'This can't be real': Survivor of Manchester concert bombing surprised with royal wedding invite
Still haunted by the horrors she witnessed, Amelia Thompson, 12, raises money for survivors
It was Amelia Thompson's mom who nominated her as a candidate deserving of a ticket to the royal wedding. Hard to imagine anyone saying no to this child.
The 12-year-old has had a rough go of it. Last year, her uncle died of cancer and she witnessed that horrible process. Her dad became so distraught he, too, became very ill and ended up in intensive care.
So, a kind friend bought mother and daughter a treat: Tickets to the Ariana Grande concert in Manchester, England.
Yes, as the world turns, it was THAT concert. May 22, 2017. Amelia and her mother Lisa took the 50-minute train ride from Sheffield to Manchester.
Here she is in a moment of kid bliss before her world changed:
At 10:30 p.m., just after Grande finished her last song and fans were starting to leave, a bomb detonated in the foyer of the Manchester Arena.
In that moment, Amelia happened to be staring right at the explosion a few hundred metres away.
"When the bomb exploded, I had an asthma attack. Well, a panic attack. My mom dragged me down."
They were surrounded by chaos, and eventually ended up in the first aid area with the dead and gravely injured.
What she saw, no one should see.
Her mother ended up trying to stop a young man from bleeding out by putting pressure on his abdomen, as a volunteer first-aider had started shaking uncontrollably.
At this point, Amelia crumpled to the floor. She'd been screaming so long and so hard she had effectively shredded her vocal cords. It took multiple doctors visits and plenty of time to eventually heal.
But the trauma of those memories has not gone away.
Amelia has been raising money for those caught up in the suicide bombing that killed 22 people and wounded more than 800 others, either physically or psychologically.
She's been working with a therapy horse. Victor is his name and he is massive and calming and makes her smile in moments when not much else can.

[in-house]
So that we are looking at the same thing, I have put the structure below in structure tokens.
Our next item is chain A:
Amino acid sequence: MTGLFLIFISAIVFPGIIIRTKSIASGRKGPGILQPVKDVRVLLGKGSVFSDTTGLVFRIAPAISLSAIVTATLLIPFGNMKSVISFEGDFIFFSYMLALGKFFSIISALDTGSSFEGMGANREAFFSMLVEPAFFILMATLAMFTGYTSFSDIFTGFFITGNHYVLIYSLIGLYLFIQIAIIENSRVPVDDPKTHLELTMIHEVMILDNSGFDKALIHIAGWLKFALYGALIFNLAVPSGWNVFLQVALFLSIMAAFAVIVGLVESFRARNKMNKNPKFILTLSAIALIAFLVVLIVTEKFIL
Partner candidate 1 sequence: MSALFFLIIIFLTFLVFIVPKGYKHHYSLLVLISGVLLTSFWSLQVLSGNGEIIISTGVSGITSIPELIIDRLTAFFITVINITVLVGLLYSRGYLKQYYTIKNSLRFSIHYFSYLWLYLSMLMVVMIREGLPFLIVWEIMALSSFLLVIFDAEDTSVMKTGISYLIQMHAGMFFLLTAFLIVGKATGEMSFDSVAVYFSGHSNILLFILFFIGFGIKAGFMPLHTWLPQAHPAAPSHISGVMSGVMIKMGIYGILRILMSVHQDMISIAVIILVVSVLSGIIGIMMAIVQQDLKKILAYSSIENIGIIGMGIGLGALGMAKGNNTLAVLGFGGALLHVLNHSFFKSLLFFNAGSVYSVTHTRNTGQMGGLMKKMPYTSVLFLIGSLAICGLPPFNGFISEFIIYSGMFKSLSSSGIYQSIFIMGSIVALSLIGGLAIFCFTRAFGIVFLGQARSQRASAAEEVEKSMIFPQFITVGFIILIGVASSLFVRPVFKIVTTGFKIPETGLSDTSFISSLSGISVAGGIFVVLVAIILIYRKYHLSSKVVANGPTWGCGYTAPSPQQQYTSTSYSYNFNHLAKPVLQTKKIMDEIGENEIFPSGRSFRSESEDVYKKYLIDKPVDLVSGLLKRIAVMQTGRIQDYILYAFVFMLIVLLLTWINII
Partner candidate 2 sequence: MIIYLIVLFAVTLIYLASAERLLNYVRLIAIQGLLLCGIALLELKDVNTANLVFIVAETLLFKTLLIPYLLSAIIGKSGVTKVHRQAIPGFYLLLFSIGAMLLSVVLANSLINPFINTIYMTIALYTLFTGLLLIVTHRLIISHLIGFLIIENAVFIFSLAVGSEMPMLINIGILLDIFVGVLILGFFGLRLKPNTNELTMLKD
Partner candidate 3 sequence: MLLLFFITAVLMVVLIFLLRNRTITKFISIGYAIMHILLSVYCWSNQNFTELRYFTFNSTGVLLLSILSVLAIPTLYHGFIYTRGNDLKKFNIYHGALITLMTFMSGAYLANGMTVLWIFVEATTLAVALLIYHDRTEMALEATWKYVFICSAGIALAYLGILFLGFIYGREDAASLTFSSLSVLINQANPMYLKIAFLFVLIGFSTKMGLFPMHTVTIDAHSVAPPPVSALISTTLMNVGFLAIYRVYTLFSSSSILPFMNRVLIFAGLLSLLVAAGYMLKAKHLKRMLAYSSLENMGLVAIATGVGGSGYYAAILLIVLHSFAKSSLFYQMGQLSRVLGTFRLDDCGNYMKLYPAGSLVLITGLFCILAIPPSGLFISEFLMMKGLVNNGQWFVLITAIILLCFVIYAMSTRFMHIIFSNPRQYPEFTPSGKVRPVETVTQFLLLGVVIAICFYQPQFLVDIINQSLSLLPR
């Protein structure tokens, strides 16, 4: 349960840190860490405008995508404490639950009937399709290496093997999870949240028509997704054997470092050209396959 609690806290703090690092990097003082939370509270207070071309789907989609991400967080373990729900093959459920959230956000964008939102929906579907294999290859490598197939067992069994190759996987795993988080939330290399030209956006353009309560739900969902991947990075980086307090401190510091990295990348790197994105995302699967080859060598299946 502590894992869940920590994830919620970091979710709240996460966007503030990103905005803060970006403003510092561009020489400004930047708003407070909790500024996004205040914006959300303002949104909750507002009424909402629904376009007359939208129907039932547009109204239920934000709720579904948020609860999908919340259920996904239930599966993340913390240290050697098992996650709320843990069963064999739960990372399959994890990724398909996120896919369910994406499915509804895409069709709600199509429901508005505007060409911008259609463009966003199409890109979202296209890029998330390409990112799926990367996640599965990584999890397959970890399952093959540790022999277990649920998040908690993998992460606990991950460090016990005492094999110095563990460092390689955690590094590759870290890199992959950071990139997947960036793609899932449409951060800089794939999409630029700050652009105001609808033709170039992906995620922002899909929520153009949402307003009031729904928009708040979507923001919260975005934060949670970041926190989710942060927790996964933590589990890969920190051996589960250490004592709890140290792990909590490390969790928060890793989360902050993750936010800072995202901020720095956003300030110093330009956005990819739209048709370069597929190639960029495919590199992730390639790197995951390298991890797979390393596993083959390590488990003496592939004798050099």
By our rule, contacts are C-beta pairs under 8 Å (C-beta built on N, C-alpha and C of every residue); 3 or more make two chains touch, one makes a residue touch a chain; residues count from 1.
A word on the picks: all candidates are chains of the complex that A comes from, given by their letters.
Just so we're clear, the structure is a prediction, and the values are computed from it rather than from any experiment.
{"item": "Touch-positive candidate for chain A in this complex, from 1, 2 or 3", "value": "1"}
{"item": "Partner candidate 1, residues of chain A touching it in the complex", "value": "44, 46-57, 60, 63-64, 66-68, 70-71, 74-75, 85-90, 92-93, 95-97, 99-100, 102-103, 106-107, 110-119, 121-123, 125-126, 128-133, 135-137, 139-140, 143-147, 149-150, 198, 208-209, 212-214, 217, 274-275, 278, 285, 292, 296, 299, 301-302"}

But it was her mother who realized she might just need something extra special.
When it became clear that Prince Harry and Meghan Markle wanted to extend invitations to people who are leaders in their communities, who offer kindness to strangers, Lisa Thompson took a chance and wrote a nomination letter for her daughter, but told no one.
Then came the email saying Amelia had been selected.
"I started reading it and thought it was fake," Amelia said. "I was just saying to my mom, 'This isn't real. This can't be real.'"
But it was real, and days after the email, the printed invitation arrived.
It's a bit odd as wedding invitations go. It suggests, for example, bringing your own lunch and chair. But Amelia is all in. And she had a choice of a "plus one."
As much as she loves her mom, there was someone else she wanted to take.
Her name is Sharon Goodman and she lost her 15-year-old granddaughter, Olivia Campbell-Hardy, in the concert attack.
Amelia has been getting to know her. She knows that in her, Goodman sees a bit of her granddaughter. Amelia says she tries hard not to cry in front of her, for both their sakes
"She does the same with me and, like, we have now formed a special bond that we can just chat."
So, the pair is getting ready for the wedding, and that means Amelia has some more big decisions to make. Most importantly, what dress to wear? Sparkly pink or gold and black? She loves them both. And then what about the hair?
That these are the questions occupying this little mind makes her mother smile.
It's what a 12-year-old should be thinking about rather than, well, all that death that haunts her dreams at night.
As she charges on, Amelia says she's been influenced by the way Prince Harry has coped with his own tragedy — losing his mother, Diana, the former Princess of Wales, in a car crash when he was a child.
"He was open about his mum, which is why it kind of made me feel a bit more open about my feelings and how I might feel in life after the bombing."